A Bump in the Night
I’m writing from a blue room, bathed in sanitary cleaners. One of my five precious snickbuzzard children is in the bed-on-wheels beside me. What is it about hospitals that they are such good soil for writers? How much of the world’s great music and lyrics beats with rhythms of heart rate monitors and IV drips? I’m quite certain a critical mass of mankind’s poetry has been birthed at pain ridden bedsides. Modern medicine may not use bleeding as a cathartic cure, but wounded, worried hearts still bleed words through pen and ink and find healing.
I had different plans for today. I’m not usually a great planner overall, and vastly prefer “grab you suitcase” spontaneity to well curated schedules and carefully coordinated timelines. But today! I’d taken two whole weeks off of all my ceramic work with great intentionality. I had an art show two weeks ago and wanted a good break, redolent with Sabbath ponderings over whys and hows of clay types and glaze colors, handles, forms, patterns, textures. I wanted to re-enter my studio with fresh eyes, new inspiration, rested hands, and bottled enthusiasm. Today was the day. Clean the studio, feed the family, a little laundry, and then peaceful, energetic, enthusiastic throwing clay. Turning sloppy, muddy mess into graceful, useful forms. The well was full and so ready to pour out ideas for bowls and baskets, pitchers and plates.
Three A.M. came with a bump in the night that would aggressively disrupt my visions for today. My almost six-year-old rolled off the top bunk and fell into the merry ol’ land of CT scans and x-rays. So instead of weighing ounces of clay and glaze, I’m counting sweet little boy breaths from my chair beside his bed. He sleeps, and I’m thankful. But an interruption is an interruption. It’s hard not to think of what I wanted to do.
I know that a day’s plan is a tiny thing to let go of. It wasn’t a dream job gone sour or a beloved relationship infected with poison. Just a day. A goal. A few hours in the great realm of time confining us humans by a God who lives outside of it. But much like pain is not lessened by comparison to a greater pain, disappointment knows no companions.
While we the people of this earth are capable of survival in a broad spectrum of circumstances and environments, we seem to all share a mental angst when it comes to change.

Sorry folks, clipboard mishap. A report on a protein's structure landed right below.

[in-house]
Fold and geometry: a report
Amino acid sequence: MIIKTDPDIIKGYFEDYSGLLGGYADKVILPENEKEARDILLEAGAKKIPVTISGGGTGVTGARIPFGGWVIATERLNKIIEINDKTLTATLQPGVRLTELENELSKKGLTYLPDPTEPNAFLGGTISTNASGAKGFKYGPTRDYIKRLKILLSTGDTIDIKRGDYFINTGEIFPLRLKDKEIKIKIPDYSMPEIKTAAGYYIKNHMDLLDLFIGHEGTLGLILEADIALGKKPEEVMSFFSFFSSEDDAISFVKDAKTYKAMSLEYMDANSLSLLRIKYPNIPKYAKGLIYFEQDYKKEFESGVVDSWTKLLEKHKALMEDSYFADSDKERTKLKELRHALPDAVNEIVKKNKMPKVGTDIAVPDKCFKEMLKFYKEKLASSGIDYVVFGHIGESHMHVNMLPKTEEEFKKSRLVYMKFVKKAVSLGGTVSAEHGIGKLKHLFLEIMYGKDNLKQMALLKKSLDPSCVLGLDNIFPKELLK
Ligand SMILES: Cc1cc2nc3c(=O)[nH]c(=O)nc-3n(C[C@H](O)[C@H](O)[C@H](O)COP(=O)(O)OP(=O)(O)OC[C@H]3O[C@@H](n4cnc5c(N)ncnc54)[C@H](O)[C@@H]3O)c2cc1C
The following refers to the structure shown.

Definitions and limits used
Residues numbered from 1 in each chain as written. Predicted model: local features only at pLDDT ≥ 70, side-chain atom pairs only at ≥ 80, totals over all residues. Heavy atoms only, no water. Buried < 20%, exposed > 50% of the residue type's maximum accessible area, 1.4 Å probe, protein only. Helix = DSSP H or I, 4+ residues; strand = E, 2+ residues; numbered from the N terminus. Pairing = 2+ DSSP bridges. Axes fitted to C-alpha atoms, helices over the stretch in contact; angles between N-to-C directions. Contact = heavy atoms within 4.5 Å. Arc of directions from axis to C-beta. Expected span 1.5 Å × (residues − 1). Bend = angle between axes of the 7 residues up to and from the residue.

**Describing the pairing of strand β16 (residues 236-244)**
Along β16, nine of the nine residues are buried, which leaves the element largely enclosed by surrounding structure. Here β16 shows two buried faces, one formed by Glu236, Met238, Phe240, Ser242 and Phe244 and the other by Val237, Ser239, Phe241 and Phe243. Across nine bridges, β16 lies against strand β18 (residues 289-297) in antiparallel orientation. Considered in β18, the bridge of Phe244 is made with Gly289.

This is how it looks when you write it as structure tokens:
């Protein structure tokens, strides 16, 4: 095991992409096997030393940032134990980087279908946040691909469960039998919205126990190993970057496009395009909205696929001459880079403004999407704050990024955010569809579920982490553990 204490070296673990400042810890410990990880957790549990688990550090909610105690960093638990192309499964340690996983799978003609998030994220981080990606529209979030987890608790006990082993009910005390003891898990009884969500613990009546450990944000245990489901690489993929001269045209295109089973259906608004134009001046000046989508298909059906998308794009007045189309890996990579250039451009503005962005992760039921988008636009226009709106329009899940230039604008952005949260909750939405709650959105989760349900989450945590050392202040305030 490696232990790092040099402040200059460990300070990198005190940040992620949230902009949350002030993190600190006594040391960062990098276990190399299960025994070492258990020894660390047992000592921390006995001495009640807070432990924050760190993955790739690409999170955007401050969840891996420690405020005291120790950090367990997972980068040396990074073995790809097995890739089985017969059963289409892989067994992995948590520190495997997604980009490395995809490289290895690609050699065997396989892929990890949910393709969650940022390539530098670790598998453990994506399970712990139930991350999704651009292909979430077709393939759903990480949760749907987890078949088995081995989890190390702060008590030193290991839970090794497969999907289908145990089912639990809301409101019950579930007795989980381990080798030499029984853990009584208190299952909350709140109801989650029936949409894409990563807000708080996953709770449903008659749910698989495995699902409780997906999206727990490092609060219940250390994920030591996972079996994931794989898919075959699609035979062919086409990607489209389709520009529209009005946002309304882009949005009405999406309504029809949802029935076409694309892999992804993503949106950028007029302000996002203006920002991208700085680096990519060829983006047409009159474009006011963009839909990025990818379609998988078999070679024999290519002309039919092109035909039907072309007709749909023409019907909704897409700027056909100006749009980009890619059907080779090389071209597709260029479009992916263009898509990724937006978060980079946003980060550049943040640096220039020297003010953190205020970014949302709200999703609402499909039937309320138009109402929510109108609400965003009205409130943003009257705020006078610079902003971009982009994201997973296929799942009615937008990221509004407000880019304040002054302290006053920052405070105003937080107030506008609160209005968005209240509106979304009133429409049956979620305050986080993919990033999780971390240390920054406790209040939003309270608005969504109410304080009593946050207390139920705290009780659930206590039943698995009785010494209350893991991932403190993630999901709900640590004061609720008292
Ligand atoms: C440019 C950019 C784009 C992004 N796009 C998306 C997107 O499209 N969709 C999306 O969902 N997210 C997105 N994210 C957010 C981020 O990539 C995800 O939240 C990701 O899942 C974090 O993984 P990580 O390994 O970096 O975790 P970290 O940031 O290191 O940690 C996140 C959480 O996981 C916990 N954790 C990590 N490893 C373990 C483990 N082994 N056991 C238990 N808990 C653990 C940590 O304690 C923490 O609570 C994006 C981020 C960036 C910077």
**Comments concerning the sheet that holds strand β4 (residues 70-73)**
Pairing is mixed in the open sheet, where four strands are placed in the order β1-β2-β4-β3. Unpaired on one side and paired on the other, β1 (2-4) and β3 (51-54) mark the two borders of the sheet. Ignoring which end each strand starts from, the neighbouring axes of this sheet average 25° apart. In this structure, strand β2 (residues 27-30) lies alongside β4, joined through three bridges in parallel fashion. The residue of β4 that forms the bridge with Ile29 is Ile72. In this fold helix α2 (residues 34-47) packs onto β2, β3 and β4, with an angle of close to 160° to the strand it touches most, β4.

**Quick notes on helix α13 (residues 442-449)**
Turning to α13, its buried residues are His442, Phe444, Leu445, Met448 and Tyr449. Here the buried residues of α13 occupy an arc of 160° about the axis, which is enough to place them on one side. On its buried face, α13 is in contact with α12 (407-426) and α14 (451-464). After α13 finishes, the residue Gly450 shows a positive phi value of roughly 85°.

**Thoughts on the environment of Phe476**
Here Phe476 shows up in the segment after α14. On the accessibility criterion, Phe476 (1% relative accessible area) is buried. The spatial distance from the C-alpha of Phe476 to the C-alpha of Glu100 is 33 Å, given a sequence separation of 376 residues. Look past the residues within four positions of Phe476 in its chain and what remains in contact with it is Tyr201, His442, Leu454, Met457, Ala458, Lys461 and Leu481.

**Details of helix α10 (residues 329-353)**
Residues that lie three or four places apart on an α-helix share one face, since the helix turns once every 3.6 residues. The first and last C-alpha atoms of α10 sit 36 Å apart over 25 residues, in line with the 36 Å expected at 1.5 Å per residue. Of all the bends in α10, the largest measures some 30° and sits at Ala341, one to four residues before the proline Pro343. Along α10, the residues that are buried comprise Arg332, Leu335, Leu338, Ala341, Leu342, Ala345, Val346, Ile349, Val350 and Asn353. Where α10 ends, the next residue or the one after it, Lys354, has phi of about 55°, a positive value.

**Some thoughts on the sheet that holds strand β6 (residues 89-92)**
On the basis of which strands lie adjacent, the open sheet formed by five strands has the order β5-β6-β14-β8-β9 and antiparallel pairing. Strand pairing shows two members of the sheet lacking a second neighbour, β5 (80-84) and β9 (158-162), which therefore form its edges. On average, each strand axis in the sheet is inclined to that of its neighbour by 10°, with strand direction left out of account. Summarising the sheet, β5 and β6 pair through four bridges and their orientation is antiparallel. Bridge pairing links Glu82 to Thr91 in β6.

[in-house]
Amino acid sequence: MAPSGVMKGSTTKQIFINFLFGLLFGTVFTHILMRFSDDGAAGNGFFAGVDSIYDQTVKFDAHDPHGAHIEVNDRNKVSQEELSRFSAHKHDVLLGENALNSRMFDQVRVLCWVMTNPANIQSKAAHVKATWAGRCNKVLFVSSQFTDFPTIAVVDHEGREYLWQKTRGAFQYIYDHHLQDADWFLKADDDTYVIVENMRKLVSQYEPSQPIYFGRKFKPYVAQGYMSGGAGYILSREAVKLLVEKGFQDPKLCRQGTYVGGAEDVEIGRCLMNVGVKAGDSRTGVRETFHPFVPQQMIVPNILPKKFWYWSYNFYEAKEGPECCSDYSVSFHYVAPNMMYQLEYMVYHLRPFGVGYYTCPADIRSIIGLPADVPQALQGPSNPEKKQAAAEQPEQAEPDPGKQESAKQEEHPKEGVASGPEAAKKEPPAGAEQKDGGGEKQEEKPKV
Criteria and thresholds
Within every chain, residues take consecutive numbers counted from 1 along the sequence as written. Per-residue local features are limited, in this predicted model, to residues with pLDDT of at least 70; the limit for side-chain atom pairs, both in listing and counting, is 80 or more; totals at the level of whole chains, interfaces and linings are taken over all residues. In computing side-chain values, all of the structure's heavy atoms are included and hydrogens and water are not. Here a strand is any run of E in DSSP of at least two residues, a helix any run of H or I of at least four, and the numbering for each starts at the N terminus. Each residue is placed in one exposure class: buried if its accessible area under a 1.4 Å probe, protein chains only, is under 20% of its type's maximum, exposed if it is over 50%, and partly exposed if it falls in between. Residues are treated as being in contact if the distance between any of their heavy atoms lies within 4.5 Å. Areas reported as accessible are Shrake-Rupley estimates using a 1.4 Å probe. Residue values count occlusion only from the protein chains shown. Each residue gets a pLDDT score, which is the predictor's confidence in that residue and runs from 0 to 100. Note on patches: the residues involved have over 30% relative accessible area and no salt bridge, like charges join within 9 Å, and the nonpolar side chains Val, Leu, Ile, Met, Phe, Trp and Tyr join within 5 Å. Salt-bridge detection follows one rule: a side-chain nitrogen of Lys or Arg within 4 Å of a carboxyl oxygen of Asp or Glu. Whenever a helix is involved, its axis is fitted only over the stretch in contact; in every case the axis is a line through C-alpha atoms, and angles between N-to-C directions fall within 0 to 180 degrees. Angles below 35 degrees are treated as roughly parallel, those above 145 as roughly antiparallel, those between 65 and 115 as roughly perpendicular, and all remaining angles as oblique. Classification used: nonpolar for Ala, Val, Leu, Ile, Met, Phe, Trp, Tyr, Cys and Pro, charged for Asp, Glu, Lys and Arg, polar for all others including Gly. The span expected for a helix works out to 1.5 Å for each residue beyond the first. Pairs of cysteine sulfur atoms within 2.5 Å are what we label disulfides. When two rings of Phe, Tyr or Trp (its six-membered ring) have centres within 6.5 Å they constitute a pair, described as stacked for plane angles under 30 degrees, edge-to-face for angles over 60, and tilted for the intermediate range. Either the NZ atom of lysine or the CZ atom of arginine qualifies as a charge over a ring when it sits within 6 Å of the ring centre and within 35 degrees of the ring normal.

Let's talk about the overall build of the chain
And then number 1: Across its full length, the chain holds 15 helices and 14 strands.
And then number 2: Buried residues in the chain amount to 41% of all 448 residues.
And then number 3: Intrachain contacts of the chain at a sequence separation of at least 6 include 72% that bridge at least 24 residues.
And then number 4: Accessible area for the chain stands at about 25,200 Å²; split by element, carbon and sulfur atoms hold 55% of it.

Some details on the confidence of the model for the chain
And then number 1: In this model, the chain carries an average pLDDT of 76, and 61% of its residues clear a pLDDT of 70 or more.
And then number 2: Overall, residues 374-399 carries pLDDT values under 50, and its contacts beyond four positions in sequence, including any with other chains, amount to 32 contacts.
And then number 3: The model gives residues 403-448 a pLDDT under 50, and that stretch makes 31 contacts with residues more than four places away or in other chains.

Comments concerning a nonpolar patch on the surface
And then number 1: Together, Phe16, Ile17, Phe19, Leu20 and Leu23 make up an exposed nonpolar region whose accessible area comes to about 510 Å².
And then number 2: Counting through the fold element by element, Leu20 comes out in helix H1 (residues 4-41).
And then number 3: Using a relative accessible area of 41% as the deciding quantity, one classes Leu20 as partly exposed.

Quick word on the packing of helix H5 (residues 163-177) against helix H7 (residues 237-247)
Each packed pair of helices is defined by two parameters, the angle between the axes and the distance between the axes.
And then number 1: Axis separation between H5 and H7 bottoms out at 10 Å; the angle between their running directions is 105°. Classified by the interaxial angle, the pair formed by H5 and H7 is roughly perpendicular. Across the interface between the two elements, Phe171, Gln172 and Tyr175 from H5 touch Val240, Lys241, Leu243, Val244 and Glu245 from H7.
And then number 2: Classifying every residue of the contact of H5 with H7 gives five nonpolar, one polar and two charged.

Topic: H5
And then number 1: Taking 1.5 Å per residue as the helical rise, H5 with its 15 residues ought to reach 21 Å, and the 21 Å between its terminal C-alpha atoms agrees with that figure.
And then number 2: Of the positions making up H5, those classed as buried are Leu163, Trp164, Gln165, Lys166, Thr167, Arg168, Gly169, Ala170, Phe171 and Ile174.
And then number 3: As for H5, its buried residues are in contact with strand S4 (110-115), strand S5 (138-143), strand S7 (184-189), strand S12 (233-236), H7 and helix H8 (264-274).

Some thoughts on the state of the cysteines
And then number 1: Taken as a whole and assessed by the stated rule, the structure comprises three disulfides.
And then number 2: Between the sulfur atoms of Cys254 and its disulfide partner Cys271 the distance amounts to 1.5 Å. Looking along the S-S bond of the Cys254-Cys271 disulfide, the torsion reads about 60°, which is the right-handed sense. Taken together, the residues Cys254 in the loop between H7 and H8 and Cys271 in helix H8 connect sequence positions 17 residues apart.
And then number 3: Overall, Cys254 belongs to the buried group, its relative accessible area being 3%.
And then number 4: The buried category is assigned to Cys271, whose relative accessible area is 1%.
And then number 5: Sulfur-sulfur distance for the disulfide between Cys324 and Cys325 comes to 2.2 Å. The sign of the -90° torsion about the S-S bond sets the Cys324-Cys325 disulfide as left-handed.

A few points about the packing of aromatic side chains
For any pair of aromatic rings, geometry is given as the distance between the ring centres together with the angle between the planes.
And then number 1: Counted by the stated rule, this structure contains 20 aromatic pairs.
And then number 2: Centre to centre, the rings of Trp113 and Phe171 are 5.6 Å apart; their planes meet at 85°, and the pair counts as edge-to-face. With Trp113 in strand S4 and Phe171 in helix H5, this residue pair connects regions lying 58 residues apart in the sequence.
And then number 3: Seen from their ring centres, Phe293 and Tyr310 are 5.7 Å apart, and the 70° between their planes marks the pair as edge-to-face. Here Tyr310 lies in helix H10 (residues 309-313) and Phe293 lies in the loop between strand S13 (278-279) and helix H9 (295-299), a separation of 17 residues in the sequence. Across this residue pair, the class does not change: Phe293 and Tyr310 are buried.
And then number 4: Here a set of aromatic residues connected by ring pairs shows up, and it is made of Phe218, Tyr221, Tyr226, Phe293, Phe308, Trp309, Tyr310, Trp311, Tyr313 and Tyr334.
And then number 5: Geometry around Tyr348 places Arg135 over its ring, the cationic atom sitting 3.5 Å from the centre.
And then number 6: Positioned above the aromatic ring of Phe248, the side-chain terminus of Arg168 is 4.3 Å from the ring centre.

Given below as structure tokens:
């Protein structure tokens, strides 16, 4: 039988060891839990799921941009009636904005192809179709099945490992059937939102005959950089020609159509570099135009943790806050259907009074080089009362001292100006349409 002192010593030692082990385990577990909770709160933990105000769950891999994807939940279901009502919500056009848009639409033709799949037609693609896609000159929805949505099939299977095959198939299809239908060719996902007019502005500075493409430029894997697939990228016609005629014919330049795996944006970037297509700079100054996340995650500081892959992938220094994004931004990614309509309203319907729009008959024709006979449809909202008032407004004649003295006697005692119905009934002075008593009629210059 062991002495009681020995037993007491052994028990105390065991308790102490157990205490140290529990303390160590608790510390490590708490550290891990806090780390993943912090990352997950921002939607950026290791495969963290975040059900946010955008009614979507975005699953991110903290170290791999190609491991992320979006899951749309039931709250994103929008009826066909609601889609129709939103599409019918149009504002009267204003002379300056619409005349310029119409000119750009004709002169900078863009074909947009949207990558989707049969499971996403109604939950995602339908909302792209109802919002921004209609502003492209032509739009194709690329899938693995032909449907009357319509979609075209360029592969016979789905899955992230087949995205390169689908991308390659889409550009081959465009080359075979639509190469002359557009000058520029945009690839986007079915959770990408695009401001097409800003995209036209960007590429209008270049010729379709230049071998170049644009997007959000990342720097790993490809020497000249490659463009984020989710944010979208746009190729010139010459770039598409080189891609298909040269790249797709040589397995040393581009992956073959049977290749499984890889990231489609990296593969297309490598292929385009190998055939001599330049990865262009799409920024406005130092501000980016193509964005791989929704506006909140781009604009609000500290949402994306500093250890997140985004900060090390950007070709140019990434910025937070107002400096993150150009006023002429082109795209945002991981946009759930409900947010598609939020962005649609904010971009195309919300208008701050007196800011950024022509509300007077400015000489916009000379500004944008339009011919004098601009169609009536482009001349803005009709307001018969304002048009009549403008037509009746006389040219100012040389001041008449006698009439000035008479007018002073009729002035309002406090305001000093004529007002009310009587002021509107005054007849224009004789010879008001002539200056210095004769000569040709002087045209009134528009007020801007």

Four weeks on the other side of those hospitalized hours, I want to be careful to view them as a gift. My natural inclination is to “get back”. When my plans for calm and control were interrupted by three babies in a year and a half, my own mental stability shook under my feet. Until I learned to rejoice n the “new normal” and stopped trying to get back to normal (which in my heart language meant one toddler to care for) my world spun with chaos. But those three handfuls that were supposed to fit within my two hands were meant to shake me. They were intended to redirect my days and nights and mind and heart. It was the first time in my life I felt such absolute peaceful purpose, like a voice from heaven shouting, “This is the way I have for you to go. Walk in it!” The new maelstrom of diapers and feedings, laundry and bath times brought a calmness to my soul. For once I didn’t need to wonder what God wanted me to do with the talents and gifts He had given! These infants, pulling at each other’s hair and crawling around on the ground and almost always crying, were purpose. They were peace.
I would love to say that I always respond to a change of plans with an appreciation for the different perspective. That sounds so grown-up, so sanctified. Hands gently up-turned in front of me, whispering prayers of, “I am the Lord’s handmaiden. May it be to me as you have said.” But I usually tend more toward the ways of those Israelites when they were supposed to enter the Promised Land the first time. They’ve finally been freed from four hundred years of slavery, escaped a bloodthirsty Pharoah, and survived a vicious desert. They stand on the brink of truly ancient promises being fulfilled, and yet the reports from their spies bring cries of outrage and fear, “What?! Giants? Seriously! Let’s just skip it and head back to Egypt. They’ve got garlic.”